Why it rules that you can buy 'Scott Pilgrim vs. the World' again

After being pulled from digital storefronts in 2014, fans have forced Ubisoft to grant it a bonus round.

If you're out of the loop, it may not seem all that remarkable that you can go purchase a copy of Scott Pilgrim vs. the World: The Game for PlayStation, Xbox, Nintendo Switch, and Stadia right now. Today. Or whenever you like. After all, it's a licensed game from a 2010 movie… what's the big deal?

The big deal, beyond the fact that the game is fantastic, is that this hasn't been the case for over half a decade. Due to licensing issues, the game was pulled from digital storefronts merely four years after its release in 2010. Until today, only those who purchased the game during this period (and have maintained the console it is stored on) have been able to experience it. Thanks to fan outcry, the 2D beat 'em up meta masterpiece can now be yours for just $14.99.

For game historians, this re-release presents a small but important victory. For decades games have been shoddily preserved, much to the consternation of nostalgia junkies everywhere. The Sega Channel exclusive Mega Man: The Wily Wars was, until recently, lost. The ROM eventually made its way online, then into reproduction carts, and, eventually, on to the Sega Genesis Mini. Some games haven't been so lucky.

Still missing are games like Sega Channel's Garfield: The Lost Levels or Nintendo Satellaview's BS Zelda no Densetu: Inishie no Sekiban, which has never been found. Some games exist, but only in the hands of those who've unplugged their consoles and set them aside specifically for this purpose. The infamous P.T. demo for the cancelled Silent Hills goes for hundreds of dollars on eBay. WiiWare games like Contra ReBirth, Castlevania ReBirth, and Gradius ReBirth can be found in unscrupulous corners of the internet and easily emulated — but can't be legally purchased at all.

That's been the case for Scott Pilgrim too. The game, like the movie and the graphic novels on which it was based, follows Scott Pilgrim and his friends as he attempts to battle the seven evil exes of his crush, Ramona Flowers. The game itself never explicitly explains these events to you (something I actually prefer to being spoon fed lore) but assumes you've come to it from the feature film or the graphic novels on which it was based — neither of which have ever been pulled from store shelves, both of which are beloved.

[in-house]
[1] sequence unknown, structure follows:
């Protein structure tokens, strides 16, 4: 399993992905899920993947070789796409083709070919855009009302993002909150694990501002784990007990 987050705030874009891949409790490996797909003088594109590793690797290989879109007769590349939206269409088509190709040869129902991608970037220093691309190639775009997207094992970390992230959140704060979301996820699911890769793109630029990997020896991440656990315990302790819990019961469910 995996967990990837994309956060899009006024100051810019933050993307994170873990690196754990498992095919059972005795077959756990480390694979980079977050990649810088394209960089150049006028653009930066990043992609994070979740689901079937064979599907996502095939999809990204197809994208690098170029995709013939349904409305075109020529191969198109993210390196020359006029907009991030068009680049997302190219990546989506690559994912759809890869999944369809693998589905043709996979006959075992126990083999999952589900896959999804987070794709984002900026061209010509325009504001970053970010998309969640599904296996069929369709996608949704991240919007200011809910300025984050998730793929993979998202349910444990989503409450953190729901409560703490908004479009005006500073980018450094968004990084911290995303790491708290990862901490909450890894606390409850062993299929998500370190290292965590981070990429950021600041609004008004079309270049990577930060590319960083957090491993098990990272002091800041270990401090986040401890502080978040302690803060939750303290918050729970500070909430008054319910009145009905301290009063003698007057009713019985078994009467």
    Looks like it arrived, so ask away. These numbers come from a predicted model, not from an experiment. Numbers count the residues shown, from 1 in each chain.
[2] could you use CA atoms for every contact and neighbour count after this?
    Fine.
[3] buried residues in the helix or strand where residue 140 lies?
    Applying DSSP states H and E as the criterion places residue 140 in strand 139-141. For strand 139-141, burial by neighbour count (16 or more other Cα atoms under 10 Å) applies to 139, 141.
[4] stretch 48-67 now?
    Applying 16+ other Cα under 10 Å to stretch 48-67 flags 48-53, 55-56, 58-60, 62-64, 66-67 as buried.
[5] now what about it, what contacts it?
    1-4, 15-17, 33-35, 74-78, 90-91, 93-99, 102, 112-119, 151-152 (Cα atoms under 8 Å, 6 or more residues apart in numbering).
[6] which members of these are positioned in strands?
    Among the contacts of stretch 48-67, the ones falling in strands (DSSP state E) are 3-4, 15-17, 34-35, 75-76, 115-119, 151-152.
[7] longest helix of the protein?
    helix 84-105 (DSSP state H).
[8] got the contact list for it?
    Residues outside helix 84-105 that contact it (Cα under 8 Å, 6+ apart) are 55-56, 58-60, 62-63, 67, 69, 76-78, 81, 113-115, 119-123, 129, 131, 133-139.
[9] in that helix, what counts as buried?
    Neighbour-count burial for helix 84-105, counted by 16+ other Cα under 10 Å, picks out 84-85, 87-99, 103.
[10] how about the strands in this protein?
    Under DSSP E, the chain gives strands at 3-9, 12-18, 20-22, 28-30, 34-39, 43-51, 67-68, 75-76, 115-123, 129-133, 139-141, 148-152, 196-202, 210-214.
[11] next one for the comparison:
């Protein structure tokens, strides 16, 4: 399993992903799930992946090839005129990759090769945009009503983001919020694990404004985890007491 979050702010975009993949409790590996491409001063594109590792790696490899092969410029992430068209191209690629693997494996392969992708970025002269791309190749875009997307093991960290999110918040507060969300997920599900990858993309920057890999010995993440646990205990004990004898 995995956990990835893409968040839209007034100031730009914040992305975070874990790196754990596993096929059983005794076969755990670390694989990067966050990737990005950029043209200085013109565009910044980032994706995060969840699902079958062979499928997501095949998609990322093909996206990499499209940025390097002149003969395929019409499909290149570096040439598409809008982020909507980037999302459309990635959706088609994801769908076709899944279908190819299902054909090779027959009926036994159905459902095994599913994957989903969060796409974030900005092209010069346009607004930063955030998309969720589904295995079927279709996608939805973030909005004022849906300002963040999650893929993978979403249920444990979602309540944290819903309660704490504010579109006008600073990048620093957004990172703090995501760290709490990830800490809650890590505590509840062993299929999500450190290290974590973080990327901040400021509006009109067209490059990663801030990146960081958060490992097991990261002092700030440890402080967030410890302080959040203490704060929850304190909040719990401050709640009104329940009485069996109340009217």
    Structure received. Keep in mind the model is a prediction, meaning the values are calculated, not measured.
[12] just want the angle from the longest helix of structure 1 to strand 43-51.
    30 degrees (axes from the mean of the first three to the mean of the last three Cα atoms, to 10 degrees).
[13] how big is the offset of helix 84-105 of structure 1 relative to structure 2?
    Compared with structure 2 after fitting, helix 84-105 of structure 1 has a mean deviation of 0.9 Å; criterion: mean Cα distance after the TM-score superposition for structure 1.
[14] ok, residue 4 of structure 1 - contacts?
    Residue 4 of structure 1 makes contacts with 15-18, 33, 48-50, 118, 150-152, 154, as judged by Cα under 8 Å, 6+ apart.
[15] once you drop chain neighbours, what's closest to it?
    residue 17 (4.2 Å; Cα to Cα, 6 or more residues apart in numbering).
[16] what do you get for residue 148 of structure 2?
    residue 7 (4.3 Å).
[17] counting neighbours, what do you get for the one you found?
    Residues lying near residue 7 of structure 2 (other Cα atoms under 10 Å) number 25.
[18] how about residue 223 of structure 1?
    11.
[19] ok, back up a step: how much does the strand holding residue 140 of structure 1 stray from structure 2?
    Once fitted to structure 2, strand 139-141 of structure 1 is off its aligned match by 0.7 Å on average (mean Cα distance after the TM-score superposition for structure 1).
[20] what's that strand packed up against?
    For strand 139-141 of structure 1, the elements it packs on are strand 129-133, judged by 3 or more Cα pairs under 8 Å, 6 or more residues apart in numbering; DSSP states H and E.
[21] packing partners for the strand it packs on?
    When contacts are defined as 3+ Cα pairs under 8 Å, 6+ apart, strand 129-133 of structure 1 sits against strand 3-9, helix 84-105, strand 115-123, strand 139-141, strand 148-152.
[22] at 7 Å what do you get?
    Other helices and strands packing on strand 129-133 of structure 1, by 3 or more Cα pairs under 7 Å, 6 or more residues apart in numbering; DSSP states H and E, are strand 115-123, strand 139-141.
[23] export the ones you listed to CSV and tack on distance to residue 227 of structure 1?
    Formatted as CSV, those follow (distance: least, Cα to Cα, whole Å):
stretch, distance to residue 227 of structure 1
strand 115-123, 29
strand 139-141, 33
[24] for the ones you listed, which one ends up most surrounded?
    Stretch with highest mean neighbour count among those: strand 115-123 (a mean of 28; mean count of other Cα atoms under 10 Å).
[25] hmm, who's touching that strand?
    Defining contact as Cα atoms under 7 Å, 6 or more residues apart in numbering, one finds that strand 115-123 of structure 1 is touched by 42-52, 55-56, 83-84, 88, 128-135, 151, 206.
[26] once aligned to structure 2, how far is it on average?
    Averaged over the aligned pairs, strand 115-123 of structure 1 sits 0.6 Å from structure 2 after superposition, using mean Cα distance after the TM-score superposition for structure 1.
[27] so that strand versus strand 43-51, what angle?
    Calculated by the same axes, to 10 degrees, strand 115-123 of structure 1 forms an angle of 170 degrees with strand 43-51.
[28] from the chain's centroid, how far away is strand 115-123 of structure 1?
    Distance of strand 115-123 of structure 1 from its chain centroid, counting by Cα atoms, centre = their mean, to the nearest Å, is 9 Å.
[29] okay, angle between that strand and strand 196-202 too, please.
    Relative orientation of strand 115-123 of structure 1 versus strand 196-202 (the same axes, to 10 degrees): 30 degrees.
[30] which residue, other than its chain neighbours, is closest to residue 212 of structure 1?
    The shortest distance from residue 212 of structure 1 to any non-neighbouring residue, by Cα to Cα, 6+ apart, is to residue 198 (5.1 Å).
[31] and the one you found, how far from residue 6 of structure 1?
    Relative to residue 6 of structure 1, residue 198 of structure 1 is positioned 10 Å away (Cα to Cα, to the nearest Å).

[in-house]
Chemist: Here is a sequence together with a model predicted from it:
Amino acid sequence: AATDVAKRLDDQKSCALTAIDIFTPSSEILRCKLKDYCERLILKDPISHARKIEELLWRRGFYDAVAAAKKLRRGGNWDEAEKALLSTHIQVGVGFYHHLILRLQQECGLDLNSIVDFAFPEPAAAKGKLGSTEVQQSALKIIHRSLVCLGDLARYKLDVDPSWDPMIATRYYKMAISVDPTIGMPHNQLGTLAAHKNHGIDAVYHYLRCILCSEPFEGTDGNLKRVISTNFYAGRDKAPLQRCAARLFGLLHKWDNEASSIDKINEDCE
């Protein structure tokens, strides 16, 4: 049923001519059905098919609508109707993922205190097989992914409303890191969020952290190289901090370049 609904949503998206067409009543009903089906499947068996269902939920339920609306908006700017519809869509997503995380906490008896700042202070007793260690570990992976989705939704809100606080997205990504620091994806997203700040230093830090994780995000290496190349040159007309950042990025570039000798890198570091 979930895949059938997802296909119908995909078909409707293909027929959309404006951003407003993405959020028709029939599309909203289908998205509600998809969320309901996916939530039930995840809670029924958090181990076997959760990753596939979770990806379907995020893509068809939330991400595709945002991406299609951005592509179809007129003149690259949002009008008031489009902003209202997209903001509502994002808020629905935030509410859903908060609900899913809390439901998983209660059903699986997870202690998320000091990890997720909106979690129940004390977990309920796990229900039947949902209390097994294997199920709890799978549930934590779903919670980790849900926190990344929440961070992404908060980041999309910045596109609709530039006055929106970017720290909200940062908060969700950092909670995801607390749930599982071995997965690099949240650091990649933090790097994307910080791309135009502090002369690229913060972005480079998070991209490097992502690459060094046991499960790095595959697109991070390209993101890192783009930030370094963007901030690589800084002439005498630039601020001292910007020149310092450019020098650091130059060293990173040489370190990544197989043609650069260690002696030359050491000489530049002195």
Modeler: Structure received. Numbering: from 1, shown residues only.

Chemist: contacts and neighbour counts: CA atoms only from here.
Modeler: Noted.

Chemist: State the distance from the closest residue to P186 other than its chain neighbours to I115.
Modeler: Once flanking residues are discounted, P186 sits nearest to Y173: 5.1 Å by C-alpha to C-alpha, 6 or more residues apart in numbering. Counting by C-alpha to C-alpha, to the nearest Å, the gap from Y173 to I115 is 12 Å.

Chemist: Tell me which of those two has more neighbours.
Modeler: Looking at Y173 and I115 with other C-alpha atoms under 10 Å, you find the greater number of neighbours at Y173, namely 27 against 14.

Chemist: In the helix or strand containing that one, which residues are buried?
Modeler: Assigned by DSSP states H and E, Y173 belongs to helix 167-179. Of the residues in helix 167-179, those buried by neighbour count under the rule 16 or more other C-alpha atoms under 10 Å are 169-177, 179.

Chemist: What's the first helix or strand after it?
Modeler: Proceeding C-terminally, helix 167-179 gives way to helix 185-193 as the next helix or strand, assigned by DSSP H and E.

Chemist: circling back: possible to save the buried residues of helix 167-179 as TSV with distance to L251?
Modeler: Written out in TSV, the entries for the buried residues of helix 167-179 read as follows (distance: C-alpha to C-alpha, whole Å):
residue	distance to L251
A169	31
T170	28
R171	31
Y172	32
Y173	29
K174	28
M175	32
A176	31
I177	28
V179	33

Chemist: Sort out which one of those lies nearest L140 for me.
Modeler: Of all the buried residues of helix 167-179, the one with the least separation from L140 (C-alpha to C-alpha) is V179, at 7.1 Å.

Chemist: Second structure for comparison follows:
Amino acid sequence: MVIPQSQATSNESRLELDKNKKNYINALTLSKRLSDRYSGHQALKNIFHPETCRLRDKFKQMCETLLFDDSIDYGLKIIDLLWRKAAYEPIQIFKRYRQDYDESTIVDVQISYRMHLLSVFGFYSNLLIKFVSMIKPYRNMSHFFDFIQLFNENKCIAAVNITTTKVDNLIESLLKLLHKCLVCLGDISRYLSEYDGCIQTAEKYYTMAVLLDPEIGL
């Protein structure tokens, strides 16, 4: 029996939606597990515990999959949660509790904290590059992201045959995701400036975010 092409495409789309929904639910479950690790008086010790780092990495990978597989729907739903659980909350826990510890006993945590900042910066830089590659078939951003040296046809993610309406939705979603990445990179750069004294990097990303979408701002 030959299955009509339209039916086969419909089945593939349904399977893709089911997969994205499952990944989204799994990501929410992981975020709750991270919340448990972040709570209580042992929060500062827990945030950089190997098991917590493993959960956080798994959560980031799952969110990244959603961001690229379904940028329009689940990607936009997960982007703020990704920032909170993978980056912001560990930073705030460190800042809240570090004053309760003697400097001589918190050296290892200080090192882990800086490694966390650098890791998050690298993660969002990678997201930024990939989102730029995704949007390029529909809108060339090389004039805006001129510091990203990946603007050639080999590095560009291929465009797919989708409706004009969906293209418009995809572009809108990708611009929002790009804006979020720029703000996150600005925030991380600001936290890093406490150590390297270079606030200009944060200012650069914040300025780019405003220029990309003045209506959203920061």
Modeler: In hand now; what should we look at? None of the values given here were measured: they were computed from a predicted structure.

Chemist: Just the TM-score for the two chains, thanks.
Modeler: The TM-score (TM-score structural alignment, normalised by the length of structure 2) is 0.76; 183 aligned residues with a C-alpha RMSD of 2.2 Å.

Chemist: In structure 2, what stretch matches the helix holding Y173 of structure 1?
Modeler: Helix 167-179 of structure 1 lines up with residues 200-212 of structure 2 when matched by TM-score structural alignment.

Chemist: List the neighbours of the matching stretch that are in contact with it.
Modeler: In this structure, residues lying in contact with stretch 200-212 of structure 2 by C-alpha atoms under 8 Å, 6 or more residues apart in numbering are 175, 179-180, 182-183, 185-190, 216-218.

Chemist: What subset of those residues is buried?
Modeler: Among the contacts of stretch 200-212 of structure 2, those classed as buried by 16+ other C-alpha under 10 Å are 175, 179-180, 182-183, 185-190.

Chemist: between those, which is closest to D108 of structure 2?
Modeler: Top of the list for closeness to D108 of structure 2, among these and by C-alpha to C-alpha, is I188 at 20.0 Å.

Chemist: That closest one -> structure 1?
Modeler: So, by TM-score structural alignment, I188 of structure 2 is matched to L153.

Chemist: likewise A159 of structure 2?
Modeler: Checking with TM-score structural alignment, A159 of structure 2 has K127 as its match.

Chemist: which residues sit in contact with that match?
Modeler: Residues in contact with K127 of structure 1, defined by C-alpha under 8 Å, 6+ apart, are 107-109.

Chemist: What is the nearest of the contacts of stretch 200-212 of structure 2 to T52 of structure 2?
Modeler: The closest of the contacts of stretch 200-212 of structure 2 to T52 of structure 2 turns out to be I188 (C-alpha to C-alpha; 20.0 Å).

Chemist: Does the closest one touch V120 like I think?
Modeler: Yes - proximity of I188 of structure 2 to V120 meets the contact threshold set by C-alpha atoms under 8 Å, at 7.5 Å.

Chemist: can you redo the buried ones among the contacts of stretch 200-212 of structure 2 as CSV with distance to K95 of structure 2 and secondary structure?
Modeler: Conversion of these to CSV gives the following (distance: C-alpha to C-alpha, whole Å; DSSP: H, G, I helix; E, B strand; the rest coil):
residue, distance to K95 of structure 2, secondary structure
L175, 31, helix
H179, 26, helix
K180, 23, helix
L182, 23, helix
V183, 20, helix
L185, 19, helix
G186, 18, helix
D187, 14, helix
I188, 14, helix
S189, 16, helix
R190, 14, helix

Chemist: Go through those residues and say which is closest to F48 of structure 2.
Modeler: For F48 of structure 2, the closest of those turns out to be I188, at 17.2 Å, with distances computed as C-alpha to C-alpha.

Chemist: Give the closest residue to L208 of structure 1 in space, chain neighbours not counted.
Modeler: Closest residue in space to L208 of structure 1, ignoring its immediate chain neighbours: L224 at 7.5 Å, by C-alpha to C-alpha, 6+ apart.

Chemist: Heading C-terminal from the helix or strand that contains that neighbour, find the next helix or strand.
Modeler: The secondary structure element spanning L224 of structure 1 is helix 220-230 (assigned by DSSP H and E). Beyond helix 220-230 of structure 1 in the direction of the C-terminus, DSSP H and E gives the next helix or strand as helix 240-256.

Much like the plot of its source material, today Scott Pilgrim beat the odds. This resurrection was helped immensely by just how good the game itself actually is. Combining light RPG elements with Streets of Rage style brawler action, the game is infamously difficult but incredibly rewarding. The game unlocks new moves as your character progresses levels, which is an excellent system for teaching newbies to the genre how to strategize their play rather than simply button mash. There's also a Shop which sells consumables and permanent stat boosts, to help ease some of the difficulty for those who've kept at it (and collected some cash along the way). This re-release touts itself as a "Complete Edition," as it contains all of the original game's DLC as well as some new side modes, which are nice additions but certainly not the headline of this story.

Today ‘Scott Pilgrim’ beat the odds.

The game takes visual and musical inspiration from 16-bit games and is littered with references to the long, long history of video games, aspects which are precisely why it has aged so well over the last ten years. And it should be noted that, if anything, the market for a game like this is much, much larger today than it was during the title's original release. Should new users purchase a copy, Scott Pilgrim feels like it was originally designed with the Switch in mind, allowing for short bursts of engaging combat whenever you have the time to pick the portable up.

Probably the main complaint you'll hear about Scott Pilgrim vs. the World: The Game is that its online functionality pales greatly in comparison to its couch co-op abilities — but even on this topic, I must point out that this is only because the couch co-op experience is so damn good. It's rare for a modern title to understand, and even surpass, the joys of local multiplayer the way that games in the '80s and '90s did. It's sort of appropriate that Scott Pilgrim nails this, seeing as the developers' passion for the form is explicitly called out by the text itself. In its own little way, Scott Pilgrim is carrying the torch for an art style, a play style, and a genre of chiptunes that could easily be forgotten.

The future of game preservation cannot rest on the shoulders of gaming's loudest, most annoying fandoms — there simply aren't enough people to complain. Our systems for archiving and making available all this interactive art desperately need to evolve if we're going to save the history of this medium. But, in this one particular instance, Scott Pilgrim vs. the World: The Game found an extra life. The world is infinitely more fun for it.

Disclosure: Though he is no longer affiliated with Universal Pictures, Ryan Houlihan worked on the marketing team for the feature film Scott Pilgrim vs. the World in 2010. A copy of Scott Pilgrim vs. the World: The Game — Complete Edition was provided to Input for review by Ubisoft.